The most popular vitamin and mineral supplements do not make people healthier, a new study has found.
Researchers say that common pills, including vitamin C capsules and calcium tablets have not been proven to provide health benefits.
Others could could even increase the risk of death.
Commercials on TV and online have advised us for years that these supplements can strengthen our bones, boost our immune systems and prevent chronic diseases.
But a research team from St Michael’s Hospital and the University of Toronto advises that people are better off getting their nutrients from eating a healthy diet of fruits and vegetables.
Most popular vitamin and mineral supplements provide no health benefits, a new study has found
For the study, the team reviewed the most common supplements taken by the general population including A, B1, B2, B3 (niacin), B6, B9 (folic acid), C, D and E.
Also studied were the minerals β-carotene, calcium, iron, zinc, magnesium, and selenium.
Multivitamins, vitamin D, calcium and vitamin C showed no harm, but also no advantage in the prevention of cardiovascular disease, heart attacks, strokes or premature death.
However, niacin and antioxidants showed signs they could actually be harmful – because they showed a very small increased risk of death from any cause.
Niacin is often taken to improve cholesterol levels, maintain skin health and lower risk of cardiovascular disease.
However, the vitamin has also been shown to raise blood sugar levels, which is particularly dangerous for someone with diabetes.
Therefore, someone could take a niacin thinking they are treating one health problem only to be increasing their risk of another.
Past studies have shown than, when taken in excess, antioxidant supplements have create a deficiency of several minerals like iron and zinc.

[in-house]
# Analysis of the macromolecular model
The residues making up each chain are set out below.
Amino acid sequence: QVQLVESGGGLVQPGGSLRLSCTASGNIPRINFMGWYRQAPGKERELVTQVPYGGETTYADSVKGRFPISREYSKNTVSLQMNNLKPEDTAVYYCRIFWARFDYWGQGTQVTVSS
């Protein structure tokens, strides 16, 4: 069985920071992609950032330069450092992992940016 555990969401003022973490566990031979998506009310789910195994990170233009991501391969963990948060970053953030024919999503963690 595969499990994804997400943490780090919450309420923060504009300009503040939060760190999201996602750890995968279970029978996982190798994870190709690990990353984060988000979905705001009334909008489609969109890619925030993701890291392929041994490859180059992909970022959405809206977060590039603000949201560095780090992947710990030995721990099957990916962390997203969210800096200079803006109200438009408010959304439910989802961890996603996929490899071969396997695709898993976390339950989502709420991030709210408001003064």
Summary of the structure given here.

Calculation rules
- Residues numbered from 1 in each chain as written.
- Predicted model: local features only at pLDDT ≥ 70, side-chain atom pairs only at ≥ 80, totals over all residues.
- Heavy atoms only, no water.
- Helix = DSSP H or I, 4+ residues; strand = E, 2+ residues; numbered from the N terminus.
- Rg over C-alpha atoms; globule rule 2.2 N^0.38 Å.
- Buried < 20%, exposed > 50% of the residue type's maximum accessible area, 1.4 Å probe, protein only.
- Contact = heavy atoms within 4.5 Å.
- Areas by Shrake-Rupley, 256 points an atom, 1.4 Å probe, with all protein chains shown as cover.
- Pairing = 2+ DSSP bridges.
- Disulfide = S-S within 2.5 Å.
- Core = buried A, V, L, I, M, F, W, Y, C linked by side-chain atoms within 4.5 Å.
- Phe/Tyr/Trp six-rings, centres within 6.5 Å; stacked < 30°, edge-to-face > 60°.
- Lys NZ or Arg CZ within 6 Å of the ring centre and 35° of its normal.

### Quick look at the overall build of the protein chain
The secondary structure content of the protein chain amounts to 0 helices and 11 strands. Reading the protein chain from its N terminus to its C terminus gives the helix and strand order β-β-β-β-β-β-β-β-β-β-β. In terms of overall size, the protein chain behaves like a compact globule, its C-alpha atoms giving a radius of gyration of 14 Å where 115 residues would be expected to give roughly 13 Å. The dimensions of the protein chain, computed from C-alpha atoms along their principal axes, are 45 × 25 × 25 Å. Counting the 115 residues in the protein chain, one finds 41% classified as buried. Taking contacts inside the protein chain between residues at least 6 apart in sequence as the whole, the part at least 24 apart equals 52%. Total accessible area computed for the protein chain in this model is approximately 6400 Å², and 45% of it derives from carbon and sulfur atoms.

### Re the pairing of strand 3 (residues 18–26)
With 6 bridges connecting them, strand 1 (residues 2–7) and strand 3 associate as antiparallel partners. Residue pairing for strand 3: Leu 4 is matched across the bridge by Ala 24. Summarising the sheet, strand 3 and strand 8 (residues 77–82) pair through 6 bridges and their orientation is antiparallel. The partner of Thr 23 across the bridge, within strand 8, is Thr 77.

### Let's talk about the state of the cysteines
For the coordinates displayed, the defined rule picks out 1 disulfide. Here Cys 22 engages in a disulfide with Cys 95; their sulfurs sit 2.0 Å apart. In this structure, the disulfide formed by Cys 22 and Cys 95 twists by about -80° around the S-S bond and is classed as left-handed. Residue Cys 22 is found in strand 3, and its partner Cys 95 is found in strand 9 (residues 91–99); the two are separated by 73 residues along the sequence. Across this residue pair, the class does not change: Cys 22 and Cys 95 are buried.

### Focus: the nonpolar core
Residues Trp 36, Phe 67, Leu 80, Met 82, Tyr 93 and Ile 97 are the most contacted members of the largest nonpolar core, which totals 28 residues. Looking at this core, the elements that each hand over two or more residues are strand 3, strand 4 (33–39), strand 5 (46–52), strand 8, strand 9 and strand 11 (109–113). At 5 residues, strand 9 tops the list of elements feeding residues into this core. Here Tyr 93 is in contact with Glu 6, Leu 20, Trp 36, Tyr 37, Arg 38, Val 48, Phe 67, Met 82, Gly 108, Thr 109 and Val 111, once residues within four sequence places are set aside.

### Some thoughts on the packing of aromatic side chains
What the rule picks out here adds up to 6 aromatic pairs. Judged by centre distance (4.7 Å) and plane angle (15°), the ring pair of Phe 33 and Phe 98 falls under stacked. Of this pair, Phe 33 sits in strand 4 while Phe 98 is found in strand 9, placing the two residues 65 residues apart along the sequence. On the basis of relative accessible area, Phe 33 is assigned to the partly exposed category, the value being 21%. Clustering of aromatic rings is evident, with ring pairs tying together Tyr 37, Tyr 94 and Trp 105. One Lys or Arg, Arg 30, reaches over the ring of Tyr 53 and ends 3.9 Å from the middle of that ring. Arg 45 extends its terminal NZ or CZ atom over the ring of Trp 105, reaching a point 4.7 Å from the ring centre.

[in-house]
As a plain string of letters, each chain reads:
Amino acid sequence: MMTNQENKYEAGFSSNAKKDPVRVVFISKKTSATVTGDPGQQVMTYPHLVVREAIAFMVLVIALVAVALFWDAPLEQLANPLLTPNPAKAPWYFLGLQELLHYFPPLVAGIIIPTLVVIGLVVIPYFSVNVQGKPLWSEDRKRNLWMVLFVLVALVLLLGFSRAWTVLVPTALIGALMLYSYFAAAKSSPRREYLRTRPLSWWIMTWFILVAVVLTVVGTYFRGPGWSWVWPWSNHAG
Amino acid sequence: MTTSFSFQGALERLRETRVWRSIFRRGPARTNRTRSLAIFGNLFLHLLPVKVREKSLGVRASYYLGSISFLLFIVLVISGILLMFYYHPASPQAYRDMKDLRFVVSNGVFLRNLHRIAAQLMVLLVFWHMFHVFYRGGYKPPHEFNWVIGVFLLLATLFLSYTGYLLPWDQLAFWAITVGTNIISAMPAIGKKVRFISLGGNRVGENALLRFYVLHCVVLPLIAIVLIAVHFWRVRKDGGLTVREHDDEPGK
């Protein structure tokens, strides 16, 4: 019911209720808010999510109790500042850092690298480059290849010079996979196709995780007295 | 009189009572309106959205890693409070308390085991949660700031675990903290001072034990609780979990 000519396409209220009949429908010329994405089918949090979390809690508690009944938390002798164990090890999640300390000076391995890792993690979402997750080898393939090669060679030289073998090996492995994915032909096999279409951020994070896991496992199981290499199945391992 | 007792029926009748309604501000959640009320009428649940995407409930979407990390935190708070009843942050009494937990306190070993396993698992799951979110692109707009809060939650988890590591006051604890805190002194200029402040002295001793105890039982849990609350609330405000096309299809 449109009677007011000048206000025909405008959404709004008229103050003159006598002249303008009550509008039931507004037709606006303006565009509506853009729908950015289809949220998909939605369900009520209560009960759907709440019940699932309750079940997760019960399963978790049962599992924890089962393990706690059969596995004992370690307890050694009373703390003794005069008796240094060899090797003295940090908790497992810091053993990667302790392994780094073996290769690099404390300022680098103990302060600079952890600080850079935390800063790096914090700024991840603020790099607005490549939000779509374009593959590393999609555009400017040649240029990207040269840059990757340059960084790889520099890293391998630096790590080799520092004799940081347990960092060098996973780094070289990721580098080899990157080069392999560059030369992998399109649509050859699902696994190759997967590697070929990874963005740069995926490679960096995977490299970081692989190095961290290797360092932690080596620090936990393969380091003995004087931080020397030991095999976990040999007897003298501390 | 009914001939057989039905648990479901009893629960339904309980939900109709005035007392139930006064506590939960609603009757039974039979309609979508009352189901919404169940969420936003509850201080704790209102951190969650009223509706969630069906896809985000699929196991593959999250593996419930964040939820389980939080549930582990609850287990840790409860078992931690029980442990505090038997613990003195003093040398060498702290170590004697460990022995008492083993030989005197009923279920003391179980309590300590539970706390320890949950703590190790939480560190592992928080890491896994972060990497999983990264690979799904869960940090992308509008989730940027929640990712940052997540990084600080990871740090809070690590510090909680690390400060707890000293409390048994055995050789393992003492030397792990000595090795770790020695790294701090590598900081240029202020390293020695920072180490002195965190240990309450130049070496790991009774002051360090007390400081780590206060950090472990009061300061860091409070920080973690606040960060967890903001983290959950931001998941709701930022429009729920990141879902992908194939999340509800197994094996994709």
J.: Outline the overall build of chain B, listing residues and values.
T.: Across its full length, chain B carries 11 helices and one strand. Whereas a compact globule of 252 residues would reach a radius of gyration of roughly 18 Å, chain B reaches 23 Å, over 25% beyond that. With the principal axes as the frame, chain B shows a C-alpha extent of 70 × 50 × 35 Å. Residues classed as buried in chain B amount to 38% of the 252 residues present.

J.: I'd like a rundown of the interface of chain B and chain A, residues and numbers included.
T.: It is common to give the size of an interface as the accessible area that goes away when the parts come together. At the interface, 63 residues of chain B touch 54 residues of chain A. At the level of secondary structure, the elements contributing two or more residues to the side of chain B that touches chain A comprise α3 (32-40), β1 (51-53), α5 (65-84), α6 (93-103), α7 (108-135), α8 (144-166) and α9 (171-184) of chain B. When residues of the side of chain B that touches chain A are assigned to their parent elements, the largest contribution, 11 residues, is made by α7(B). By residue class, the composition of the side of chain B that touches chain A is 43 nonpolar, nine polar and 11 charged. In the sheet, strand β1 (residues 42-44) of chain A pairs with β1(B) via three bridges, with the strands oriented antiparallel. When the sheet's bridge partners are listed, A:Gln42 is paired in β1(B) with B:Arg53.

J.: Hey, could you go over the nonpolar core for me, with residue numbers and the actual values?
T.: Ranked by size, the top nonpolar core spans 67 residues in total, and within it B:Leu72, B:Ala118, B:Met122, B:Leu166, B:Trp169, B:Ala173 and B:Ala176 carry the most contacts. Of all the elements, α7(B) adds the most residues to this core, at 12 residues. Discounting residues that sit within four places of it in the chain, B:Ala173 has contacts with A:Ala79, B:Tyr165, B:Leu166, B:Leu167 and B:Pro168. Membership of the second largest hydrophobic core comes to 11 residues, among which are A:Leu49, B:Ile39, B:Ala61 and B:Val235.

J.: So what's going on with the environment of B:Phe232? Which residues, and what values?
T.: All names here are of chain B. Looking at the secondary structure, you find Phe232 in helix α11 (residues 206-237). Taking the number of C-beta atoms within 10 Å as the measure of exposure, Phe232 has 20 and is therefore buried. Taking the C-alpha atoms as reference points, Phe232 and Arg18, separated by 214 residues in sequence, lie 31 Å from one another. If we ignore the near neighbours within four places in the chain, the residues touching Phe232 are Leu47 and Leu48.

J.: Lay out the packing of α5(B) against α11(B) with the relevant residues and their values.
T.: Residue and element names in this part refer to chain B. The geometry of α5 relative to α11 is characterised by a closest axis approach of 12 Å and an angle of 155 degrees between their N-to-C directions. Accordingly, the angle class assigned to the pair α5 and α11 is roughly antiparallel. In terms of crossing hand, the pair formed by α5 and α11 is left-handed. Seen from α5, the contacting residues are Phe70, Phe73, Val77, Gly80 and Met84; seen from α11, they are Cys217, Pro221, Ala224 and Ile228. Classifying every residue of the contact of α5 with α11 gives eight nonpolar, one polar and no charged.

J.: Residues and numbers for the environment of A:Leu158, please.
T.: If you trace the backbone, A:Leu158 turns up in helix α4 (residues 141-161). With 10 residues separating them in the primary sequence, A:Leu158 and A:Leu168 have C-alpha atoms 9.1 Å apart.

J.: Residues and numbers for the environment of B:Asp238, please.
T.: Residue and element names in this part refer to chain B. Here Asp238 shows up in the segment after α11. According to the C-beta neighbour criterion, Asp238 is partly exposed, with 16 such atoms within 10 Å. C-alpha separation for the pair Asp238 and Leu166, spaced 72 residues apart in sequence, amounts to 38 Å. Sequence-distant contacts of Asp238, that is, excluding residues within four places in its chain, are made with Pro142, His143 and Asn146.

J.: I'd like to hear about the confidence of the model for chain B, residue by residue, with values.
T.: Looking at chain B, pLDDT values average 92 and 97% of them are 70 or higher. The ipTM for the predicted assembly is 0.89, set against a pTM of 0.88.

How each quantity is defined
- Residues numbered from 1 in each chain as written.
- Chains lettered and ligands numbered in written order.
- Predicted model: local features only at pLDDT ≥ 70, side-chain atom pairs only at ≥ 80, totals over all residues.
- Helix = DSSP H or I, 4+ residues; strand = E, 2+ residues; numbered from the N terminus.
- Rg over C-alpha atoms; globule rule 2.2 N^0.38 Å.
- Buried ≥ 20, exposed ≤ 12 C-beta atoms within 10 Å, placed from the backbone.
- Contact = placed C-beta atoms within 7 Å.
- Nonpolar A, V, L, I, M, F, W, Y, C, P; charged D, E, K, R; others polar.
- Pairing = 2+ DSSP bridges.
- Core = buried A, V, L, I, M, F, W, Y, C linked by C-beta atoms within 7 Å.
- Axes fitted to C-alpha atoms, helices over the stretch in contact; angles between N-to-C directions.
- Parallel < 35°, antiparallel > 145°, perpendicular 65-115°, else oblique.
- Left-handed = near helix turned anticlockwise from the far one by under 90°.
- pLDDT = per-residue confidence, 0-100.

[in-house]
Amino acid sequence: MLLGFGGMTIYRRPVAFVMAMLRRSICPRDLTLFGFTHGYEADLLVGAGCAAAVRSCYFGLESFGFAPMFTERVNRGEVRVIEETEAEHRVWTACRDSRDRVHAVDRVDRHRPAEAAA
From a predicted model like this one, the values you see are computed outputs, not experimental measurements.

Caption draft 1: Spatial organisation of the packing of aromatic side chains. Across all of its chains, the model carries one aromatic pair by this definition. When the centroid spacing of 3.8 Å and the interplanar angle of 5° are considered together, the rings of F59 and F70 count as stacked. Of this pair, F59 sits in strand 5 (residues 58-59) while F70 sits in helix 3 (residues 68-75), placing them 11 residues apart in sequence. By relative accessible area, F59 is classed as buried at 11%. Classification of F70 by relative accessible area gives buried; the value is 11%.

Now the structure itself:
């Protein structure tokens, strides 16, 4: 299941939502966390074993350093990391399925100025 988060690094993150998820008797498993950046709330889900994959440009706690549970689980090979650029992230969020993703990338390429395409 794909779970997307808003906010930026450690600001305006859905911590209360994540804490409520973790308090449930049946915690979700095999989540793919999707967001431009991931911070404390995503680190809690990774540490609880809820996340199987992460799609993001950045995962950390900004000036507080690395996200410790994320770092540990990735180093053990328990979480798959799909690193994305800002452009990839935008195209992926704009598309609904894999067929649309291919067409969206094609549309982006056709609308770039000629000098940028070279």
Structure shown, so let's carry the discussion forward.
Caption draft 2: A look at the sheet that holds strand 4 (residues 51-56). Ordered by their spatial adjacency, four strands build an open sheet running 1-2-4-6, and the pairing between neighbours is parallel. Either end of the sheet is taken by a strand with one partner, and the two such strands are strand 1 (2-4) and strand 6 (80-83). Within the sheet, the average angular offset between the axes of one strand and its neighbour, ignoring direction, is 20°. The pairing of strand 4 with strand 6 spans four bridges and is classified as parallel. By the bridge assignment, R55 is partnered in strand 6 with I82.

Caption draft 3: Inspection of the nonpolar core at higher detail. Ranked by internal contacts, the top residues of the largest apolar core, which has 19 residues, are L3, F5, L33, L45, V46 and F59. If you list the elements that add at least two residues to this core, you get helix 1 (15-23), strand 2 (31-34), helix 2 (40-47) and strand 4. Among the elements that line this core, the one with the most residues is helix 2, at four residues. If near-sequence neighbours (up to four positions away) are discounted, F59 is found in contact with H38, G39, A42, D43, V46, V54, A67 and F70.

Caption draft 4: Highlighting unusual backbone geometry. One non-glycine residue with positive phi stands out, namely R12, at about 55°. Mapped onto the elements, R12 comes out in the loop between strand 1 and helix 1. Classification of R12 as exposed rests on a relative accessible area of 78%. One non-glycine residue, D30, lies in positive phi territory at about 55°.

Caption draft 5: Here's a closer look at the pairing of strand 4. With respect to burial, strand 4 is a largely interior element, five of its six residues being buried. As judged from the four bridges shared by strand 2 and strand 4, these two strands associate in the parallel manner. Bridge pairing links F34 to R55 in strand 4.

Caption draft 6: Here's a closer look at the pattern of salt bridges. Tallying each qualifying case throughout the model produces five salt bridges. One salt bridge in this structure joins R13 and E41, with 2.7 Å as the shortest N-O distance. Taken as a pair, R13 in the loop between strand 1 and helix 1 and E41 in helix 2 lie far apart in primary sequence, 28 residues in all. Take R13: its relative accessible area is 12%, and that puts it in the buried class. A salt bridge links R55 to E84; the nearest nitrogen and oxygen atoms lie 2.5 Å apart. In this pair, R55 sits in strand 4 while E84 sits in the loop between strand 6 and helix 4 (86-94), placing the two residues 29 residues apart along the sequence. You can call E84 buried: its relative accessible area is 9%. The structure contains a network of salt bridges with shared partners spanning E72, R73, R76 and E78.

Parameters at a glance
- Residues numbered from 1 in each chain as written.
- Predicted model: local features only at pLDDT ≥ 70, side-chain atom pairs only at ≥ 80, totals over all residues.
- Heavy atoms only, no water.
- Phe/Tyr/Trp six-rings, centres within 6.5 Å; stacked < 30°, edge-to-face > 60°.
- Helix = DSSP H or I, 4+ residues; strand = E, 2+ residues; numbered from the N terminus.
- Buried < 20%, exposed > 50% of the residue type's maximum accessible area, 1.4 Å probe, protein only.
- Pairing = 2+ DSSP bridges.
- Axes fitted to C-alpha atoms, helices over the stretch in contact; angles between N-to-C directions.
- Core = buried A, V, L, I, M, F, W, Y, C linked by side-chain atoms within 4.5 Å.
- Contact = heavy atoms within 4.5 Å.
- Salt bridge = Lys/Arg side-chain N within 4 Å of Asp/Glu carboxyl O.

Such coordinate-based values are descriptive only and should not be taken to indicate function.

The absorption of these minerals is prevented from the gastrointestinal tract, depriving your of essential nutrients.
One glimmer of hope came in the form of folic acid, which was found to be the only supplement proven to reduce the risk of heart disease or a stroke.
Experts concluded you are better off eating few processed foods and more plant foods including vegetables, fruits and nuts to get your daily supply of vitamins.
Consuming vitamins and minerals beyond what the body needs – and at high doses – may exceed safe levels of intake and cause toxicity.
Additionally they add that many American foods are highly fortified such as vitamin D in milk, iron in flour and pasta, and iodine in salt.
‘The simple truth is we’ve got data and clinical trials that show that this approach,’Dr David Jenkins, the study’s lead author and professor in the Department of Nutrition Sciences and Medicine at the University of Toronto, told Daily Mail Online.
‘We can prove that eating a plant-based diet, having olive oil has shown instances of a reduction in diabetes and cardiovascular disease and the case wasn’t the same of the supplements.
‘When your physician prescribes a supplement, then you take it, but most of the time you don’t need to be taking extra doses of vitamins.’
According to a 2013 Gallup poll, more than half of Americans take vitamin supplements, including 68 percent of those age 65 and older.
And according to a study published in the Journal of Nutrition in 2017, 29 percent of older adults take four or more supplements of any kind.
But the new findings confirm the latest US Preventive Services Task Force recommendation in 2014 that stated, ‘current evidence is insufficient to assess the balance of benefits and harms of single or paired nutrient supplements for the prevention of cardiovascular disease and cancer’.